Today I read a an article at GoodEReader.com by Michael Kozlowski with the headline, Self-Published Authors Are Destroying Literature. I was immediately offended for all self-published authors who've written solid work, I mean what a blanket statement. We all know that the facts are in, and that self-publishing has an obvious role in the future of book publishing, so blaming self-publishing for the downfall of literature seems rather unrealistic.
For one thing, if you're going to blame anything, blame digital publishing and the ebook revolution. But honestly, I didn't realize that literature was being destroyed. From my perspective, it looks like literature is being expanded to encompass more by allowing writers outside the mainstream to have a voice, while also giving the author more control. So many elitists tout the Big Six (not that I wouldn't love to have them notice my work) but I've got to tell you, some of the stuff being published today by the big publishers is yawn-worthy. It's almost as if there is a formula for success in certain genres — ahem, young adult or anything to do with vampires.
For awhile there, I didn't want to get into the whole ebook fad. I'm a print loyalist, I've said it before. But then I started reviewing books and it just became the easy way to go about business. Since a lot of self-published books start in the ebook format, I've read a few. There have definitely been some less-than-polished products, although our good writer over at GoodEReader.com seems to think self-published books in general "devalue the work of legitimate published authors."
His argument follows the line of thought that because indie authors often price ebooks between $0.99 and $2.99 that it makes readers unwilling to pay for mainstream work that's going for $7.99 to $12.99. I'm sorry, but I don't care if you were published by Penguin or your very own self, I refuse to spend $12.99 on an ebook, except for the one time when I did because I was just so addicted to the series. My excuse is I had a gift card. But in most occasions, I would just rather buy the print edition. You can't lovingly turn the pages of a digital copy or see it age and wear with rereads. It is just not worth it to me no matter who you are to buy an ebook at that price. Unless, like I explained before, I was already addicted and not in my right mind. I mean it was like 1 a.m. and I just had to know what was going to happen next.
Here's the thing, I've read self-published stories that I didn't think were up to par with their editing — a grammar mistake here, a weird space there, or an entire chapter that could have been pulled. I've noticed when more editing should have taken place, but I can't discount that many of the stories have been wonderful. And that's not to say that all self-published works even have that problem.
Joe Vampire by Steve Luna was initially a self-published work, although he is now published under the Booktrope label. He was seriously a little bit of an inspiration in the vampire genre, where so many authors are trying to ride on the coattails of Twilight. It was refreshing to read a different take in a saturated topic.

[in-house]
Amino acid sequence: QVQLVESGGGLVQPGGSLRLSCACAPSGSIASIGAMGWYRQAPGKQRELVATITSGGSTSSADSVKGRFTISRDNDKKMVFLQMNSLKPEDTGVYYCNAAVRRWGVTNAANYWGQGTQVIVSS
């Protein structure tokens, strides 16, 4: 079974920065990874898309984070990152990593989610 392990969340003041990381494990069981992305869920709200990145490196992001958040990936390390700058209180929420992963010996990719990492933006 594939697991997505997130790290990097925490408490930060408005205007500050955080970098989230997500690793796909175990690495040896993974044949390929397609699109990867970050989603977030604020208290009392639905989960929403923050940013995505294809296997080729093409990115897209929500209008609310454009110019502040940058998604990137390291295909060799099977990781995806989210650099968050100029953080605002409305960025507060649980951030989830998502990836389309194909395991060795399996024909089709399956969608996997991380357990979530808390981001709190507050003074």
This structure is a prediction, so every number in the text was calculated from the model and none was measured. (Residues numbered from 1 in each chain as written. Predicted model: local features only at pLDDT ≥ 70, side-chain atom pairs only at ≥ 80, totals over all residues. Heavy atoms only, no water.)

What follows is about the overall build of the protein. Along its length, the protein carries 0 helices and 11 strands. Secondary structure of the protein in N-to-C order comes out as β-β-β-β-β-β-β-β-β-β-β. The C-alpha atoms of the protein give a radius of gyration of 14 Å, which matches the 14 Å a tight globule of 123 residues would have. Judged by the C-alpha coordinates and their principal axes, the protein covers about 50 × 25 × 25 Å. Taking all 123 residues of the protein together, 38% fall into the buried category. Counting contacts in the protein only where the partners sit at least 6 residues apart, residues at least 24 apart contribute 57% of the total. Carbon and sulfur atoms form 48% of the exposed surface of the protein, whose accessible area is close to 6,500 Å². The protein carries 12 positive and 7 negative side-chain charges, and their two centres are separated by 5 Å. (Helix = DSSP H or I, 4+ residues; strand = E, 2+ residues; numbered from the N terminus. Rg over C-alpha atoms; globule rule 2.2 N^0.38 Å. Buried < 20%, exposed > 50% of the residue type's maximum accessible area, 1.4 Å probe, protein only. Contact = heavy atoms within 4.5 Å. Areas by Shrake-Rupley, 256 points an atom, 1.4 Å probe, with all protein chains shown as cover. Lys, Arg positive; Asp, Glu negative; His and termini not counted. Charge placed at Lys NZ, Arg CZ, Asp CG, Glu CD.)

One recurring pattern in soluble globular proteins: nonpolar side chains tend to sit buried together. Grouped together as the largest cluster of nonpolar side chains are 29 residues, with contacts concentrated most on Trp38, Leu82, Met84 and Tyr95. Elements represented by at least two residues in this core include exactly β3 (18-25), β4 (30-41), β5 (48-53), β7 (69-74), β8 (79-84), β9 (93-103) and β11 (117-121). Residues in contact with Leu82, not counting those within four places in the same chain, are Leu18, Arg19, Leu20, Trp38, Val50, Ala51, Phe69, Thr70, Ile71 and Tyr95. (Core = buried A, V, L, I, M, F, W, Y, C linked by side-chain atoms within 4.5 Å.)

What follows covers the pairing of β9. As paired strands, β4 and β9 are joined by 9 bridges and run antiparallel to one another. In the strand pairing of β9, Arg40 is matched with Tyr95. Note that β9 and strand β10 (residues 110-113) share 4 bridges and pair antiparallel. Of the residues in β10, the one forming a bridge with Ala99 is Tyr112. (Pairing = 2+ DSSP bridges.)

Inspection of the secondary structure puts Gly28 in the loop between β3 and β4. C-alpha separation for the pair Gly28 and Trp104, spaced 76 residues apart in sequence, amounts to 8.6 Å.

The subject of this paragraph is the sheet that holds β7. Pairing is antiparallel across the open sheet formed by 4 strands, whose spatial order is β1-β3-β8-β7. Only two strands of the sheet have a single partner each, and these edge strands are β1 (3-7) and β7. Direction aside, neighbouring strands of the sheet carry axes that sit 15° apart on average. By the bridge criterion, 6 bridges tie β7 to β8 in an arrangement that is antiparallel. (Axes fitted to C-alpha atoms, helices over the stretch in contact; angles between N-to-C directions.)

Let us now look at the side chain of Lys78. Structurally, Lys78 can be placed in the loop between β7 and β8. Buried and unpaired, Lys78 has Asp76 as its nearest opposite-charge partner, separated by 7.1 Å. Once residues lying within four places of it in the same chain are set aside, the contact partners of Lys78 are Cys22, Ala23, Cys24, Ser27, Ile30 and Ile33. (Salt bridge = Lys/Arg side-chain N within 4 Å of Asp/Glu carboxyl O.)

I've also read truly awful stuff published by mainstream publishers that may have been edited to death, but still have grammatical mistakes. That said, I don't think self-published authors are singlehandedly destroying quality literature, especially beacuse there's plenty of quality coming from that spectrum of publishing.
The one area where I can agree with Kozlowski is the tweeting. I follow a lot of authors on Twitter, many of them probably self-published, and my stream is almost a solid mass of writers trying to get people to buy their books. I completely understand that this is one reason why Twitter is helpful, but as a reader, I'm more interested in what they have to say as people. The constant advertisements just blur together, and it's only when I see someone tweet something interesting that I'll really pay attention. Initially, when I first started my book review blog I caught a few titles off the digital bookshelf stream, but now I really have no need.
Like most things, beauty is in the eye of the beholder. Many would agree that Ernest Hemingway was an amazing literary author, but I've known people who didn't like his writing at all. E.L. James' 50 Shades of Gray certainly seduced readers in droves, but I wouldn't deign to touch the book. So let's give readers some credit for being able to choose their own literature based on their own personal tastes. If they choose a self-published author over a mainstream author, I'm sure the mainstream author will find plenty of other readers being backed by a big publishing house and the grace of newspaper book review lists. And if it's bad, then it'll tank. Like any book.
Just in case anyone thinks I'm writing this because I'm going to hopefully publish my book sometime soon, let me explain. While I respect self-published authors, I in no way want to go that route myself. It just seems like so much work and I want more support for my first book. But it doesn't mean I never would. Publishing today is a whole new game, one that elitists should get on board with soon because the writing is already on the page.
K.M. Randall writes fantasy and paranormal for both a general and young adult audience. Her debut novel, an epic fantasy called Fractured Dream, launched in June 2014, and her second book, The Reaper's Daughter, launched May 2015. Randall also published Fairytale Lost, a prequel to Fractured Dream, as an exclusive on Wattpad. She blogs about dreams, female heroines, and activism and its relevancy to the literary and fictional world. And when in the season, sometimes she just likes to talk about Halloween. She is currently hard at work on the second book in the Dreamer Saga series, Shattered World.